Last updated: 12:00 PM ET, Fri September 23 2016

How to Take Better Travel Photos

Features & Advice | Janeen Christoff | September 23, 2016

How to Take Better Travel Photos

 Photo courtesy of Thinkstock 

When you go to an amazing destination, you want to come home with amazing photos — not just snapshots of your family where junior’s head is cut off or blurry pics of stunning landscapes. 

Creative Bloq's Angela Nicholson has a few tips for those looking to boost their photographic prowess before their next major vacation. 

Her first piece of advice is to find the right camera. 

“Professional photographers use big, complex cameras and they produce fantastic pictures, but if you’re a novice a pro-level camera is likely to be very intimidating. If you’re planning to buy a new camera to take on your journey, be realistic about your experience and get something appropriate,” said Nicholson.

She also suggests trying to bring as little as possible with you on the trip. Lugging around loads of lenses can be weighty and cumbersome.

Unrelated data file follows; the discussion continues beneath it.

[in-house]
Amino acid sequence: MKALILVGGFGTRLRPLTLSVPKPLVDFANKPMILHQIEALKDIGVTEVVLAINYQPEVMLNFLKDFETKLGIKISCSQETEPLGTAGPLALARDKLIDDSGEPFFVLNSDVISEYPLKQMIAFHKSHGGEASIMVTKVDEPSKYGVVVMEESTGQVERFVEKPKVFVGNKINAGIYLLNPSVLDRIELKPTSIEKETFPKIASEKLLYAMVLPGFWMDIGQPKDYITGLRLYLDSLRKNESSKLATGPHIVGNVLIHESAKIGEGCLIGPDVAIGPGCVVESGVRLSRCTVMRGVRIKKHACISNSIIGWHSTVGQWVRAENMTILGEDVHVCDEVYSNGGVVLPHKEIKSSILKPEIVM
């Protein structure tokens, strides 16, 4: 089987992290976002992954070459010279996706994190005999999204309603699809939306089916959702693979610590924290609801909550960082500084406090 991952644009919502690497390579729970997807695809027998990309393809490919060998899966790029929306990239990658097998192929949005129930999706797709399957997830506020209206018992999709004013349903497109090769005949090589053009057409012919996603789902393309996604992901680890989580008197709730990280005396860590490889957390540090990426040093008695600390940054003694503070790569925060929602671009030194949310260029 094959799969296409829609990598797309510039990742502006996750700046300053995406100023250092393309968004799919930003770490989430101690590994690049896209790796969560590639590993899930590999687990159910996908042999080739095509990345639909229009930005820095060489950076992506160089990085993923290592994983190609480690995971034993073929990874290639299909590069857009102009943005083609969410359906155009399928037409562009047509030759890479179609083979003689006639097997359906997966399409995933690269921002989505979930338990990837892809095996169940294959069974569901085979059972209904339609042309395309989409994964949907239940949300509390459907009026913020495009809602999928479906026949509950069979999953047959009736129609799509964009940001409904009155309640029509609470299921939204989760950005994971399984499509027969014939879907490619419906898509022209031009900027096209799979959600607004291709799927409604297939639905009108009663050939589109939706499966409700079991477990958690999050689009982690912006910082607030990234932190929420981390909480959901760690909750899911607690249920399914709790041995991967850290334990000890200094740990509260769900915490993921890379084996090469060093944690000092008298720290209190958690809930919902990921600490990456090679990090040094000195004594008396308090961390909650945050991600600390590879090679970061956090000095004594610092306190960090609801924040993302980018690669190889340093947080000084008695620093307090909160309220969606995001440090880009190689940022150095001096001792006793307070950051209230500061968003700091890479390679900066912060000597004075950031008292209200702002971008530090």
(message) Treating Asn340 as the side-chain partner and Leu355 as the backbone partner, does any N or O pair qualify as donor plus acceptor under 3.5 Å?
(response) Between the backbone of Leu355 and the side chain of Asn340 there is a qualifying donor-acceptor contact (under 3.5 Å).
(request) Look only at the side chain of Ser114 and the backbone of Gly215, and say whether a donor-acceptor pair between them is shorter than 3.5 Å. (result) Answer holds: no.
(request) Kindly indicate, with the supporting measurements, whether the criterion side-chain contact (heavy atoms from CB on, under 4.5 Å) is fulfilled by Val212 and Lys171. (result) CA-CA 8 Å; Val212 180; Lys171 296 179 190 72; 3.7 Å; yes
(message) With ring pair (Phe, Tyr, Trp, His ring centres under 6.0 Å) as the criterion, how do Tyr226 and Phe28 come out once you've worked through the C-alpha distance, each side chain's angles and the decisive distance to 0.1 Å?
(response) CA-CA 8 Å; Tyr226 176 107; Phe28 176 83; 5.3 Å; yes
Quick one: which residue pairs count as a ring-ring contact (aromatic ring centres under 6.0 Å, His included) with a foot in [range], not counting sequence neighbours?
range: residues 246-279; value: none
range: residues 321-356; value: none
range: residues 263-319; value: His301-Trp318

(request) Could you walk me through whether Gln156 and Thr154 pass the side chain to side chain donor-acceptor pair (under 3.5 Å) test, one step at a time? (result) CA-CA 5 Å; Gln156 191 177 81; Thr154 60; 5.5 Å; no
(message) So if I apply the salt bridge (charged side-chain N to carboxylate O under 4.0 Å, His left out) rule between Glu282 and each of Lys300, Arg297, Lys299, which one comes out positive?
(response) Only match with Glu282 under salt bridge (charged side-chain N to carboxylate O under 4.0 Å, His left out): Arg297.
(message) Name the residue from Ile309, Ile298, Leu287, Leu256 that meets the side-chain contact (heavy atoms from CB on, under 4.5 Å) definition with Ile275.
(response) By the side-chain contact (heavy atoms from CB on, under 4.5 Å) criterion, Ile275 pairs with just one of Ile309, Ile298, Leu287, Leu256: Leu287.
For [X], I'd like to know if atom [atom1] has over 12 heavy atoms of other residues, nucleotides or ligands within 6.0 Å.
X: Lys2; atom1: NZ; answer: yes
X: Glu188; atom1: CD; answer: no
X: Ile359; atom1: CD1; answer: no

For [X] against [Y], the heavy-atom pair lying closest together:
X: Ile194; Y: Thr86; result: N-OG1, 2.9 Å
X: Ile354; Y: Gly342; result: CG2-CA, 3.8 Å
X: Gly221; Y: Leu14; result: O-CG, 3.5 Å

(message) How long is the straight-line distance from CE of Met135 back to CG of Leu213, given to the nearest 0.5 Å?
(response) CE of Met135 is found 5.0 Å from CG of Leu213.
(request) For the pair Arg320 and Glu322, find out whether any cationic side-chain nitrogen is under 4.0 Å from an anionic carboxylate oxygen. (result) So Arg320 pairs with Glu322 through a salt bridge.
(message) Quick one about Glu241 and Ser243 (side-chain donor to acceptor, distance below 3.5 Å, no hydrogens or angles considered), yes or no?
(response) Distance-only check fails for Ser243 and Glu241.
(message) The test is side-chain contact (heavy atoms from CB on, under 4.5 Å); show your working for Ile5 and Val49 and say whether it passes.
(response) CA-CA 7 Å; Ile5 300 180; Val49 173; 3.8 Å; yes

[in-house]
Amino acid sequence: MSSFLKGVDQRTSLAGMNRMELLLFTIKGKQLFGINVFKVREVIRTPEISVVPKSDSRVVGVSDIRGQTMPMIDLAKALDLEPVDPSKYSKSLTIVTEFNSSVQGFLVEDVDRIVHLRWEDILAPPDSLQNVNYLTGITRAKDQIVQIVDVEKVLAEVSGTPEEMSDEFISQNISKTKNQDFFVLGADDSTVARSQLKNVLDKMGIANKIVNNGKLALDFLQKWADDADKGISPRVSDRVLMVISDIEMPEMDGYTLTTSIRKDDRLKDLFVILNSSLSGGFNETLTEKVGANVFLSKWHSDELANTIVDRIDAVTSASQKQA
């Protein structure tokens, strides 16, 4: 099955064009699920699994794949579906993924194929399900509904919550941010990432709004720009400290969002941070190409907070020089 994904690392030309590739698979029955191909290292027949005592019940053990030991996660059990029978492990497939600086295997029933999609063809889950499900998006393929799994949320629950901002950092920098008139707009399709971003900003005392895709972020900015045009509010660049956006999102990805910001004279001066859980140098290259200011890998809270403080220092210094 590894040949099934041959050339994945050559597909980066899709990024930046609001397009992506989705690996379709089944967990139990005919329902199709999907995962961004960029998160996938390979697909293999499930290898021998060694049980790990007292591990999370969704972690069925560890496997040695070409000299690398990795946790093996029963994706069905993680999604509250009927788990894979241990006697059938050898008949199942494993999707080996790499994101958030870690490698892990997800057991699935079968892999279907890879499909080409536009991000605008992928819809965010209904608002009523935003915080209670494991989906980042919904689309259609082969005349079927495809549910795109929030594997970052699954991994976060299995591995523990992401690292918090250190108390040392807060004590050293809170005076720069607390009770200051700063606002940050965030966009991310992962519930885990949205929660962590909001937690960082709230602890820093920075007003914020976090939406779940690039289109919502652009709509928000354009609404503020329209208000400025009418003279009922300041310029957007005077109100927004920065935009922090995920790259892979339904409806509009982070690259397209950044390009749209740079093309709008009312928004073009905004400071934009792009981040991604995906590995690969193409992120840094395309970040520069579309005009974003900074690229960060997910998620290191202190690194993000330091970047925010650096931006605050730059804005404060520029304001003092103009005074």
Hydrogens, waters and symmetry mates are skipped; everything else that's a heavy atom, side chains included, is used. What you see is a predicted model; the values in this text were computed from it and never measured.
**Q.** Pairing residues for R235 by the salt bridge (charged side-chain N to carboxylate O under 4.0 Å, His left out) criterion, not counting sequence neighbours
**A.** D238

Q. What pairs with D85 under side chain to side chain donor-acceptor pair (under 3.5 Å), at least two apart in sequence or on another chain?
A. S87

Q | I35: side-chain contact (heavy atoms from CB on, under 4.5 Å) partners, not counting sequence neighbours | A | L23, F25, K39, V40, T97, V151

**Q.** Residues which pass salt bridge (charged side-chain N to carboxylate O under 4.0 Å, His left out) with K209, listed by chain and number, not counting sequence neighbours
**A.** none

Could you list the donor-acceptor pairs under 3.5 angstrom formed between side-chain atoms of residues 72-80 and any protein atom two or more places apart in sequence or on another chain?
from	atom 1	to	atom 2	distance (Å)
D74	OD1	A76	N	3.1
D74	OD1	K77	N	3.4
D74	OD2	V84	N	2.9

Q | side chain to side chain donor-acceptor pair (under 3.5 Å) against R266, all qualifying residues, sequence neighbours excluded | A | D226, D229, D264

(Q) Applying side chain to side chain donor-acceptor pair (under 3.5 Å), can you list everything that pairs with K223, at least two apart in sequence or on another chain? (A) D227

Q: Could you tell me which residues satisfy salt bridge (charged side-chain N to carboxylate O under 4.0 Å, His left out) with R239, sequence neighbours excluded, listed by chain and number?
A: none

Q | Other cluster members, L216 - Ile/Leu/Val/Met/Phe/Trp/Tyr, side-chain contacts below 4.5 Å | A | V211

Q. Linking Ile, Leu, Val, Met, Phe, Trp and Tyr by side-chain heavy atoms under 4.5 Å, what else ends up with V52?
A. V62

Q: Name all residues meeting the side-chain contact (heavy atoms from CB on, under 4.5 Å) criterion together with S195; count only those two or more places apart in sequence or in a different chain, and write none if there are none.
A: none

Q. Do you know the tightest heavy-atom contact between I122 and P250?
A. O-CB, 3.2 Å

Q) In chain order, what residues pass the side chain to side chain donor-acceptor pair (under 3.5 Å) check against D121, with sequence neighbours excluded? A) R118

“If you’re going on a walking holiday, then do you really need a long telephoto lens? Granted, there might be the odd occasion when you could frame up a nice distant detail, but do you want to carry it for the rest of the time? If you’re going on a safari, then it’s a different matter; take the long lenses to get the wildlife shots,” noted Nicholson. 

One of the ways in which novice photogs can get better images is to enhance them later. Nicholson advises shooting Raw files. 

READ MORE: Best Places for Travel Photography  

“Nine times out of ten you can get away with shooting JPEGs, but Raw files contain much more data and they allow you to perform more adjustment if you make a mistake with the white balance or exposure,” she said. 

Getting to know your camera modes is another great way for beginner photographers to get great images. 

“Most cameras have scene modes that tailor the camera settings to suit the shooting situations. With a portrait for example, portrait mode will tell the camera to set quite a wide aperture to blur the background, while in landscape mode it sets a small aperture to capture lots of sharp detail. It’s better to swap between these modes than shoot in fully automatic,” Nicholson suggested. 

Nicholson has even more advice on topics such as shooting themes and details, capturing the perfect candid portrait and taking awesome night shots. Read on here


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